Re: [DNSOP] DNS names for local networks - not only home residental networks ...

Paul Vixie <> Sun, 03 September 2017 02:23 UTC

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Subject: Re: [DNSOP] DNS names for local networks - not only home residental networks ...
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Warren Kumari wrote:
> On Fri, Sep 1, 2017 at 4:14 PM, Paul Wouters<>  wrote:
>> Please see the last three years of dnsops and homenet working group list
>> archives.
> ... perhaps the other way of looking at the last thirty three years of
> DNS is that people *do* actually want something like this, and that
> perhaps it is time to actually create something specifically for it.

i think what people want is bigger than this, and that as a part, this 
part is small. one of the big differences between internet and its early 
competitors such as appletalk or decnet or the rest is that while the 
networks that died so that the internet could live did not scale -- they 
worked in a building or a network or a campus or a corporation, but not 
globally. whereas the internet works globally, but not locally.

we do not have well defined automation for making local names work when 
the internet connection is down. at a very modest level of necessary and 
inevitable complexity, one's own in-perimeter recursive servers can't 
find one's own in-perimeter authority servers. so if your internet 
connection goes down, then way more stuff becomes effectively 
unreachable than what's on the far side of the disconnection point.

mark andrews faced disconnections of this kind as a daily part of his 
work about 30 years ago when he developed the "stub zone" feature and 
contributed it to BIND4. but we have yet to automate it. and this rat 
hole is a deep one, because sometimes the disconnection is "all the 
links connecting my city / state / island / country to the rest of the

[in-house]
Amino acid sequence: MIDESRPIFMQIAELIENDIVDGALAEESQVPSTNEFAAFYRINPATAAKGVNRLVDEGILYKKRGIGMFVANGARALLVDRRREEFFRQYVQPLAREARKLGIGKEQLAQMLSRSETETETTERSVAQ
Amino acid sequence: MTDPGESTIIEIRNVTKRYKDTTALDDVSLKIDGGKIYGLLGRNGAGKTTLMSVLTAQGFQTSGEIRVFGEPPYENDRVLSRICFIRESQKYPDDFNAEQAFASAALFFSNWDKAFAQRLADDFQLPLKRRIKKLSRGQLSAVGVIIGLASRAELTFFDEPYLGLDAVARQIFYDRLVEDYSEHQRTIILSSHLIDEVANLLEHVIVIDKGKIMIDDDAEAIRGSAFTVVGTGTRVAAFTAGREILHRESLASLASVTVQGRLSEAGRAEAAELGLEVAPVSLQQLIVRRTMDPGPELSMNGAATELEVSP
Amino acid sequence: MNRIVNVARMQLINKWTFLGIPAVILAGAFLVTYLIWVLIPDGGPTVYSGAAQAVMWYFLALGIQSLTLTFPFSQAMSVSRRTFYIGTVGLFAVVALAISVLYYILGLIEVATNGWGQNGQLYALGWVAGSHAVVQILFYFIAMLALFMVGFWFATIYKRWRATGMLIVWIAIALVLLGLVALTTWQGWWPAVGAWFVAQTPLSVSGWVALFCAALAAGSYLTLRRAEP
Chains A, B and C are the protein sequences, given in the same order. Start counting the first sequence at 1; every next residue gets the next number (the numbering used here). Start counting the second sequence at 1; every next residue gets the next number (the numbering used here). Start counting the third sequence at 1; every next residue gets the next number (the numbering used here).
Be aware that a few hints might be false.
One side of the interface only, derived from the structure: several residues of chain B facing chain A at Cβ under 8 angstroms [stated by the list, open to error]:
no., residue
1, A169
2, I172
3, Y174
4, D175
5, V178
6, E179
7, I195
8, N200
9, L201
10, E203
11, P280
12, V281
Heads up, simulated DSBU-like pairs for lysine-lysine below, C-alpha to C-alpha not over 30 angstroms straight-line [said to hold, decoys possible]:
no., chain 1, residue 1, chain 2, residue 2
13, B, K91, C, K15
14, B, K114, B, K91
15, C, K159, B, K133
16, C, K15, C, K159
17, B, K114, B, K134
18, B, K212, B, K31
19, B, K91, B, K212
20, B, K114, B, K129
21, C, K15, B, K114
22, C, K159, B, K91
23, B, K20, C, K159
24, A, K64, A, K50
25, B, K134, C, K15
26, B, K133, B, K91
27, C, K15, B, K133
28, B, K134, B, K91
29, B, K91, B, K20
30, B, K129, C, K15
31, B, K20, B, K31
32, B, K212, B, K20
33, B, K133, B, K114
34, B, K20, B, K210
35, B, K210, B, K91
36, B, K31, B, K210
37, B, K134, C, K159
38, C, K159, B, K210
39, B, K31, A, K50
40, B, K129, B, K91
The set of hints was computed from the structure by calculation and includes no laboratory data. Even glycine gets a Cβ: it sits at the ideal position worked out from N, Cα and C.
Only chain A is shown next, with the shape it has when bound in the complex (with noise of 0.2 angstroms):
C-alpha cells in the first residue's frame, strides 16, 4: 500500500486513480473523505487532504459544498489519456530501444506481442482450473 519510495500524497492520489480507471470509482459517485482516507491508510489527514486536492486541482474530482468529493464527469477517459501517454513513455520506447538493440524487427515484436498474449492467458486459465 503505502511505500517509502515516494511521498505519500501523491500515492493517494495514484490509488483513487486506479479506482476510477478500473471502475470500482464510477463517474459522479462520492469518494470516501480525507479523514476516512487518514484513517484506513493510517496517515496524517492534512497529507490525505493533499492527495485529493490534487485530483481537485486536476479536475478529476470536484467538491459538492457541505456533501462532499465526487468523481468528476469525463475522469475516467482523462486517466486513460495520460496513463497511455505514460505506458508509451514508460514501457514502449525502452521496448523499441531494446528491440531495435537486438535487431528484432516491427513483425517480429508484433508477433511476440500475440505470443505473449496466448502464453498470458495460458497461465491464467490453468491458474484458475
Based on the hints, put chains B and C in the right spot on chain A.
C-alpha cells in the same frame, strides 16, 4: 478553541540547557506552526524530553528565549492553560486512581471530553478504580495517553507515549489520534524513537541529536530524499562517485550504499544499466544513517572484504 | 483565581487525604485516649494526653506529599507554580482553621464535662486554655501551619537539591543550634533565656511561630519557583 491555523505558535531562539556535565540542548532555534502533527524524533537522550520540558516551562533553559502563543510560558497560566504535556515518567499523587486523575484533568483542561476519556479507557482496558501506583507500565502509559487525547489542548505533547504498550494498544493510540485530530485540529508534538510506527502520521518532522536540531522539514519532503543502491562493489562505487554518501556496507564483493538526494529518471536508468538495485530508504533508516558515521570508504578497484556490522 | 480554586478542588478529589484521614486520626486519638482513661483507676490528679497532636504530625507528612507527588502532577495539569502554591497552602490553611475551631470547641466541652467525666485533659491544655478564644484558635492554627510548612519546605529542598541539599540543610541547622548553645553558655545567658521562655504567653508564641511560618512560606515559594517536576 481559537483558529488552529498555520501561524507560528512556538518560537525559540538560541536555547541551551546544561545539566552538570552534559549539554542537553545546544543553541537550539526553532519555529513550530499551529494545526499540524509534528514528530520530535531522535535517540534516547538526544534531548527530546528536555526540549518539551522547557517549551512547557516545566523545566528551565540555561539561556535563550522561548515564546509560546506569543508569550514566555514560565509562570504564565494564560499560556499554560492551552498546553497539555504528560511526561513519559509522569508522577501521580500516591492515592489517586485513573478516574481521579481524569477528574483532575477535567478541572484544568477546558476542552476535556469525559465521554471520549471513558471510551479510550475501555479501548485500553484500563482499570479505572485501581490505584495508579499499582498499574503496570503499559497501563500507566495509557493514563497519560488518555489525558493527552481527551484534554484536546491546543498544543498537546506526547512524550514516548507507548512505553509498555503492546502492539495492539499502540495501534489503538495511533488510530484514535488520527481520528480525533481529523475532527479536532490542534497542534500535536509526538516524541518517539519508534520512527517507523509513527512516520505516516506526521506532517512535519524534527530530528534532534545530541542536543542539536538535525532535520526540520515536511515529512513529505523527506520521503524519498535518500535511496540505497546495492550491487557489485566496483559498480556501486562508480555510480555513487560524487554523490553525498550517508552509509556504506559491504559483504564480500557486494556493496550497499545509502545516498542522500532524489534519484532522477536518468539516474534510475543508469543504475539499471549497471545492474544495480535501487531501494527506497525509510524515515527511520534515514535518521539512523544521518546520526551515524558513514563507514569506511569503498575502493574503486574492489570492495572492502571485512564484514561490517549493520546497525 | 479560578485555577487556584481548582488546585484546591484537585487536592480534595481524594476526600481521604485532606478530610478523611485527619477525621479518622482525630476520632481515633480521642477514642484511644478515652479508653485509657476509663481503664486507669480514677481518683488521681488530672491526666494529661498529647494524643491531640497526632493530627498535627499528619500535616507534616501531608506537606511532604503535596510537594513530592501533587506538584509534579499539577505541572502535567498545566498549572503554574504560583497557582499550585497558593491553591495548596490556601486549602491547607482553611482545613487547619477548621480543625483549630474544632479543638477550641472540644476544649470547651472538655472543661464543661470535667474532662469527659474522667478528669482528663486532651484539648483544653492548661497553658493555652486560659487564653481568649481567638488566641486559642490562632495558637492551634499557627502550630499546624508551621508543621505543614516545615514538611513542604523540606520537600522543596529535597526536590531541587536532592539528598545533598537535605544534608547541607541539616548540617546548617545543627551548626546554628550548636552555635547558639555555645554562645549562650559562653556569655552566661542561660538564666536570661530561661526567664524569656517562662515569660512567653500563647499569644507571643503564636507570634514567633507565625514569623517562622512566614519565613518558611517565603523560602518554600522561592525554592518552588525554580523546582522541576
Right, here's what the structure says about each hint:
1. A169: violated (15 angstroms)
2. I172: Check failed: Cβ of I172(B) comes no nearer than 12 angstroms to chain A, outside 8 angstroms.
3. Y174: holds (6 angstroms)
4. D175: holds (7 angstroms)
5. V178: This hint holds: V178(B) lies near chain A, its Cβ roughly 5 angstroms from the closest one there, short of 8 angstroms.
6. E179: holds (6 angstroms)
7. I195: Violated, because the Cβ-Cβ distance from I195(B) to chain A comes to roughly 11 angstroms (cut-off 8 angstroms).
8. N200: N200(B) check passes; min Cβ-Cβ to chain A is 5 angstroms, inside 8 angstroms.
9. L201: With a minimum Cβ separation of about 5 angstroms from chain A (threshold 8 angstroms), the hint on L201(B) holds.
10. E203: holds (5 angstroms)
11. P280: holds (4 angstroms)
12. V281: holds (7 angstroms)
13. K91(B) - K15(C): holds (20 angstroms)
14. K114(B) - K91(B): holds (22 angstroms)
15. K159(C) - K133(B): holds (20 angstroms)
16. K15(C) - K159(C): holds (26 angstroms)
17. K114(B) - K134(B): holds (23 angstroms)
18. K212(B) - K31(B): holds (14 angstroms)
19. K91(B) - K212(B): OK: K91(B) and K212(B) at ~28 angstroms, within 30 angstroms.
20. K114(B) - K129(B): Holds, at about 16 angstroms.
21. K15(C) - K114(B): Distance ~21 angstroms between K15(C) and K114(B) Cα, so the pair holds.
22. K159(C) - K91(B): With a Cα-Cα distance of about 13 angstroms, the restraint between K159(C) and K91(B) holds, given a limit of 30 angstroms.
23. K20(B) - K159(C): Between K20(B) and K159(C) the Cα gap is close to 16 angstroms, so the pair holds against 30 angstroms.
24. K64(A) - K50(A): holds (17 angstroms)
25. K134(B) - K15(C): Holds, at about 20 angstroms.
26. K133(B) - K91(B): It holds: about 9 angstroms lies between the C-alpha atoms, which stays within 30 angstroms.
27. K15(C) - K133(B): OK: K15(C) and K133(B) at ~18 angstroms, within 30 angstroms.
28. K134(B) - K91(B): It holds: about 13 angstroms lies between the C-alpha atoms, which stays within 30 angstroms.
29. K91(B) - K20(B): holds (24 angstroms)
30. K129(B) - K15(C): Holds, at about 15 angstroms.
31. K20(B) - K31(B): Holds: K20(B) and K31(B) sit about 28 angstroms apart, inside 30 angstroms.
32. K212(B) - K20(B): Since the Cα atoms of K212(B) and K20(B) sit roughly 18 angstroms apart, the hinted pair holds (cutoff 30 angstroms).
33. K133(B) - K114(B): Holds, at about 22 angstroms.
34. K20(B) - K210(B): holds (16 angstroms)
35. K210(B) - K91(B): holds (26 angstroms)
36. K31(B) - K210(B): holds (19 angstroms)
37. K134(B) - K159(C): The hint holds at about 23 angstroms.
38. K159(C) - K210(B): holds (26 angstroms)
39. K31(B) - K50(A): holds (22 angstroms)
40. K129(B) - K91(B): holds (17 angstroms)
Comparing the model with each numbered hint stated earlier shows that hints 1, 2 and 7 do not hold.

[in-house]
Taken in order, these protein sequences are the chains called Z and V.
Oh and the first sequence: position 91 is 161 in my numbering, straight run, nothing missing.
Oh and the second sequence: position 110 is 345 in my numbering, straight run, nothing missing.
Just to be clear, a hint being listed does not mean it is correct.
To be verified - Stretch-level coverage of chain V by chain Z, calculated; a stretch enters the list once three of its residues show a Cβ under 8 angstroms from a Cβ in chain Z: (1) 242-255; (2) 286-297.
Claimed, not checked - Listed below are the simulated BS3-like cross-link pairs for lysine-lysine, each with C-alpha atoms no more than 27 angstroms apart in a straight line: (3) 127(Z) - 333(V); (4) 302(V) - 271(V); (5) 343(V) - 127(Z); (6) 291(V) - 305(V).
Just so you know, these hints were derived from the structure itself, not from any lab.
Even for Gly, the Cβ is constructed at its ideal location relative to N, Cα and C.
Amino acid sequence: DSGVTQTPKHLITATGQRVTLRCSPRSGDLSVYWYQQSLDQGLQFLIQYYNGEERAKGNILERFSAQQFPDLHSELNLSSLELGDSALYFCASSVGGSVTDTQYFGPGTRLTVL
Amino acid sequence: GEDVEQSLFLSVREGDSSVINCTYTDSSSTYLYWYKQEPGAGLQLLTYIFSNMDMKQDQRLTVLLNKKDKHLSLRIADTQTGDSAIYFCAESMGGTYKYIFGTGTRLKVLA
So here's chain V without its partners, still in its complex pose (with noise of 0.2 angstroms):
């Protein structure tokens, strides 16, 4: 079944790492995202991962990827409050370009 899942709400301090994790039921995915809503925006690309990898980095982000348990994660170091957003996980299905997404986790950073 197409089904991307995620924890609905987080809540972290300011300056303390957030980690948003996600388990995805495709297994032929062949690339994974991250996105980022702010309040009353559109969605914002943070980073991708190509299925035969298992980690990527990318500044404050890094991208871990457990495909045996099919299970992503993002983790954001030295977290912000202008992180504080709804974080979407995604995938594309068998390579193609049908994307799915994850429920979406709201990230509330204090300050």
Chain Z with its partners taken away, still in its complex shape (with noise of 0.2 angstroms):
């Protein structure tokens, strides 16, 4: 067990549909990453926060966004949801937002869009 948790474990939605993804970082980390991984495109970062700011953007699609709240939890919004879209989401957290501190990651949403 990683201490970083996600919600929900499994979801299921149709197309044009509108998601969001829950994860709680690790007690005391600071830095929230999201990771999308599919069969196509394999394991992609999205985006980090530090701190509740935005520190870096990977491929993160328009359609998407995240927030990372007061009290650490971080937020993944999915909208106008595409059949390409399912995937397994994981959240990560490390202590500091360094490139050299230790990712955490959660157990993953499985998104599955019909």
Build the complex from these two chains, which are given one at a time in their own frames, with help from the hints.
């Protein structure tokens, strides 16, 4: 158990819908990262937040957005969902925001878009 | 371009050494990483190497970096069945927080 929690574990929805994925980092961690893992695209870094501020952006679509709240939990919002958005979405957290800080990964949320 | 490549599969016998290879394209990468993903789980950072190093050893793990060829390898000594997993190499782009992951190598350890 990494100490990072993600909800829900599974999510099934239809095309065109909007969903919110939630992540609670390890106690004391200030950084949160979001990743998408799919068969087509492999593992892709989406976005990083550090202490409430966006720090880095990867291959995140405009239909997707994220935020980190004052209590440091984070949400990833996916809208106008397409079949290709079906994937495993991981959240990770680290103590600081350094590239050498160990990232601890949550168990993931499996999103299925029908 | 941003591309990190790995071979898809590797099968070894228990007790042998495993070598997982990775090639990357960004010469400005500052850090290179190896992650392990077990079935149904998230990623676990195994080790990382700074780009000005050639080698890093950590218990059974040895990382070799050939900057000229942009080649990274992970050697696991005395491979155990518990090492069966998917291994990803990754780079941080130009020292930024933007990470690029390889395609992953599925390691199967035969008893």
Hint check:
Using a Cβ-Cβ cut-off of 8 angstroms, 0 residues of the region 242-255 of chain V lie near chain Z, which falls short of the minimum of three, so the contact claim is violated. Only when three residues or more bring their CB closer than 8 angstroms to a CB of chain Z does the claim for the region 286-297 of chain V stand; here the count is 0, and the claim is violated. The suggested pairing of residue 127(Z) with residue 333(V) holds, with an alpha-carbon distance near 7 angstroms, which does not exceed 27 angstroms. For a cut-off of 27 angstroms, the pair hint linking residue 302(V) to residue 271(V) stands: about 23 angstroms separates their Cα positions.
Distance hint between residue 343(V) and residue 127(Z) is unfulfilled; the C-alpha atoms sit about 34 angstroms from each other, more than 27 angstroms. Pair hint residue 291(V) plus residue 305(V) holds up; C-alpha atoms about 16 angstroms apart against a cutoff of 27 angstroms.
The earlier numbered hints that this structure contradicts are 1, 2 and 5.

global internet" and sometimes it's just your laptop, or one vm, or your 
LAN, or your house or office or campus.

in other words the necessary automation isn't going to benefit from 
static hints. it's a pity we can't rely on multicast for this kind of 
thing, although that often will work at the campus level.

in any case what "people *do* actually want" here is that naming always 
works for the devices and services one can reach and wishes to reach by 
name, for a network of arbitrary diameter, from a single container all 
the way up to interplanetary scope.

figuring out what names to reserve for which magnitude of diameter is a 
fool's errand, and so i've been ignoring homenet and all of its DNS 
related work.

we've been making people edit a "hosts" file for local naming and that's 
crazy. apple did something slightly more marketable by using multicast 
but that doesn't scale either. we've been making rfc1918 networks run a 
fake root zone that contains delegations to local servers. this is all 
wrongthink. it's not what the internet should be or how it should feel 
to use. we have PnP for devices now, but hardly for networks, unless all 
of the devices on the network come from apple, and none of them are 
outside the local (corporate? campus?) multicast domain.

DNS was a necessary first step and we took it. but we've known for at 
least the last 25 years that its architecture was too rigid when it 
comes to reachability by packet or of naming systems. if it's time to 
think about what people actually want to be doing, let's start there.

> Our smacking people on the nose with rolled up newspapers and saying
> "no, bad operator" ignores the fact that people still want this, and
> still do this, and there ain't nothing we can do to stop them...
> And so:

...not here.

P Vixie